Lloyd, Peter (Fareham) Sumberg, David
Lord, Michael Sweeney, Walter
Luff, Peter Sykes, John
MacKay, Andrew Tapsell, Sir Peter
Maclean, David Taylor, John M. (Solihull)
McLoughlin, Patrick Taylor, Sir Teddy (Southend, E)
McNair-Wilson, Sir Patrick Temple-Morris, Peter
Maitland, Lady Olga Thomason, Roy
Malone, Gerald Thompson, Sir Donald (C'er V)
Mans, Keith Thompson, Patrick (Norwich N)
Marland, Paul Thornton, Sir Malcolm
Marlow, Tony Thurnham, Peter
Marshall, John (Hendon S) Townsend, Cyril D. (Bexl'yh'th)
Marshall, Sir Michael (Arundel) Tredinnick, David
Martin, David (Portsmouth S) Trend, Michael
Mawhinney, Dr Brian Twinn, Dr Ian
Mellor, Rt Hon David Vaughan, Sir Gerard
Merchant, Piers Viggers, Peter
Milligan, Stephen Walde, George
Mills, Iain Walker, Bil (N Tayside)
Mitchell, Sir David (Hants NW) Waller, Gary
Moate, Sir Roger Wardle, Charles (Bexhill)
Monro, Sir Hector Waterson, Nigel
Moss, Malcolm Watts, John
Needham, Richard Wells, Bowen
Nelson, Anthony Whitney, Ray
Neubert, Sir Michael Whittingdale, John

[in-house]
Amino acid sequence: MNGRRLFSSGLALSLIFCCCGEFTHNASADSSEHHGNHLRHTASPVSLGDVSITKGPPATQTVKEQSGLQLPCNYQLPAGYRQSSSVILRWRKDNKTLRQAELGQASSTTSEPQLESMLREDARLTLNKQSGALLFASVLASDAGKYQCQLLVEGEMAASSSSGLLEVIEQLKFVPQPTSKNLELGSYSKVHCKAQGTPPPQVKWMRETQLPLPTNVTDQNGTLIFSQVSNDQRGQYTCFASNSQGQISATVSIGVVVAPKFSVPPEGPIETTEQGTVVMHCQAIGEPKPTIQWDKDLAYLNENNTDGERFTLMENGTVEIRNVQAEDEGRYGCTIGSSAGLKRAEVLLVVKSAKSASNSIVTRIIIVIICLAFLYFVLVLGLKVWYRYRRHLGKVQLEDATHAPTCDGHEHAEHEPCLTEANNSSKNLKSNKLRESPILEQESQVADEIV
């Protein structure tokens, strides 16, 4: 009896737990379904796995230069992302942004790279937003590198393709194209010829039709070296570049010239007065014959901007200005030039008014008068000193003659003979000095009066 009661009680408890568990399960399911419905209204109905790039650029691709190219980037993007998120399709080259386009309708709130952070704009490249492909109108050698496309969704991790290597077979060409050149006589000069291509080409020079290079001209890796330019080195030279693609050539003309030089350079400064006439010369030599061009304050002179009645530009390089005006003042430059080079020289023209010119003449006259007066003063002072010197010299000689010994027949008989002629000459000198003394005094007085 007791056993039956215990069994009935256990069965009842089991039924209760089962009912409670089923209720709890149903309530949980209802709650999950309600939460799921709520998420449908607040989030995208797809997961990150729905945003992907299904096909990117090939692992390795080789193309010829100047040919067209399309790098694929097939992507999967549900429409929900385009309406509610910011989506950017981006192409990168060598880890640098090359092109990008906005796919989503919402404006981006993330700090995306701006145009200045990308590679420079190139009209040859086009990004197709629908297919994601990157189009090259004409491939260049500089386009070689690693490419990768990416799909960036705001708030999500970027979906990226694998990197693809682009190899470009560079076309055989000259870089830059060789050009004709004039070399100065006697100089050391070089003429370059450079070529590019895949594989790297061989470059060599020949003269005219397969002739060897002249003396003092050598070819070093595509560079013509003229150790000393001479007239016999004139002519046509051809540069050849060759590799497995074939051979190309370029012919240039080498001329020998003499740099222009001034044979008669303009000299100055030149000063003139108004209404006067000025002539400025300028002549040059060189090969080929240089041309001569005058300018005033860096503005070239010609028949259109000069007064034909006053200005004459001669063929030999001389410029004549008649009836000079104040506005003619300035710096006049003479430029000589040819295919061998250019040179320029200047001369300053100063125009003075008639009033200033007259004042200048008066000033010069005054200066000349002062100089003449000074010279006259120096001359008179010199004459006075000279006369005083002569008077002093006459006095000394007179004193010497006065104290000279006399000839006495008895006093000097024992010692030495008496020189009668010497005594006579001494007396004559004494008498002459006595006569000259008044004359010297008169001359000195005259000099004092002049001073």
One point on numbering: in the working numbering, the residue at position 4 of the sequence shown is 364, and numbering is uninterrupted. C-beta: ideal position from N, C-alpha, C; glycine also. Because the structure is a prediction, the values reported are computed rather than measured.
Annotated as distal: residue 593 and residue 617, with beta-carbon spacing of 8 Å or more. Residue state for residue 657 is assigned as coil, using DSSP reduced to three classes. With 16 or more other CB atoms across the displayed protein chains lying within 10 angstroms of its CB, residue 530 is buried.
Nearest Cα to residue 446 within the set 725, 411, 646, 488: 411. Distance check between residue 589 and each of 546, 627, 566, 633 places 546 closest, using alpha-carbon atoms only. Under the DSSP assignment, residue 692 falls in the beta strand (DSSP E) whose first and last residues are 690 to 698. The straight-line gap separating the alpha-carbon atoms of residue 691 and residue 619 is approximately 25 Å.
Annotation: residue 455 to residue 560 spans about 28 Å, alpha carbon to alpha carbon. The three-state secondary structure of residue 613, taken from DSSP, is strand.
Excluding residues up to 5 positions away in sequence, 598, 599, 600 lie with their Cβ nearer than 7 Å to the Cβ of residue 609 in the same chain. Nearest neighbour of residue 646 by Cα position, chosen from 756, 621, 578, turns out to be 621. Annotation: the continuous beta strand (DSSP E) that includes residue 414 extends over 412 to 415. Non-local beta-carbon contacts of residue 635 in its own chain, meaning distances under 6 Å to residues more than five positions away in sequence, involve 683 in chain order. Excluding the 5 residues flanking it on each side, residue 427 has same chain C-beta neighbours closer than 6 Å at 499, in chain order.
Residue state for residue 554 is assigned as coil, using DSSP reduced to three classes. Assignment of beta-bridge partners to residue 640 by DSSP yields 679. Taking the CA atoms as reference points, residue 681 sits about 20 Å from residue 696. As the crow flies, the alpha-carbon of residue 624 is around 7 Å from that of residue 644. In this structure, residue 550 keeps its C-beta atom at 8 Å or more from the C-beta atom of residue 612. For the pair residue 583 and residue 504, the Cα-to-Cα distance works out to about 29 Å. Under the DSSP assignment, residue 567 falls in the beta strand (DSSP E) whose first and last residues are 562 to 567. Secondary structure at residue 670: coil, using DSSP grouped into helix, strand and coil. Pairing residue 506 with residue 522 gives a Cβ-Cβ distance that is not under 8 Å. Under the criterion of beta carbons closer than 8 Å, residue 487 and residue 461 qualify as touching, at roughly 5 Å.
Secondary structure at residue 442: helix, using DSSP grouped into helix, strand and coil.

Widdecombe, Ann Young, Rt Hon Sir George
Wiggin, Sir Jerry
Wilkinson, John Tellers for the Ayes:
Willetts, David Mr. Robert G. Hughes and
Wolfson, Mark Mr. Andrew Mitchell.
Wood, Timothy
Barnes, Harry Jowell, Tessa
Clelland, David Kilfoyle, Peter
Cryer, Bob Lewis, Terry
Davidson, Ian Lloyd, Tony (Stretford)
Dewar, Donald McAllion, John
Dixon, Don McMaster, Gordon
Dunnachie, Jimmy Mudie, George
Enright, Derek Olner, William
Etherington, Bill Pickthall, Colin
Foster, Rt Hon Derek Pike, Peter L.
Godman, Dr Norman A. Powell, Ray (Ogmore)
Graham, Thomas Short, Clare
Hall, Mike Skinner, Dennis
Hanson, David Williams, Alan W (Carmarthen)
Heppell, John Wise, Audrey
Hill, Keith (Streatham) Wray, Jimmy
Hood, Jimmy
Howarth, George (Knowsley N) Tellers for the Noes:
Hughes, Kevin (Doncaster N) Mr. Eddie Loyden and
Illsley, Eric Mr. Andrew Bennett.
Jones, Nigel (Cheltenham)

Question accordingly agreed to.

Resolved, That, for the purposes of any Act resulting from the Social Security (Contributions) Bill, it is expedient to authorise the following provisions —

National health service allocation (1) In section 162(5) of the Social Security Administration Act 1992 (destination of contributions: national health service allocation), in paragraph (a) (allocation in case of primary Class 1 contributions) for the words from "the earnings" to the end substitute "so much of the earnings in respect of which those contributions were paid as exceeded the lower earnings limit but did not exceed the upper earnings limit;". (2) After subsection (6) of that section insert—

(3) The above amendments shall be deemed to have had effect as from the commencement of the 1992 Act; and corresponding amendments to section 134 of the Social Security Act 1975 shall be deemed to have had effect as from the commencement of section 1 of the Social Security Act 1989.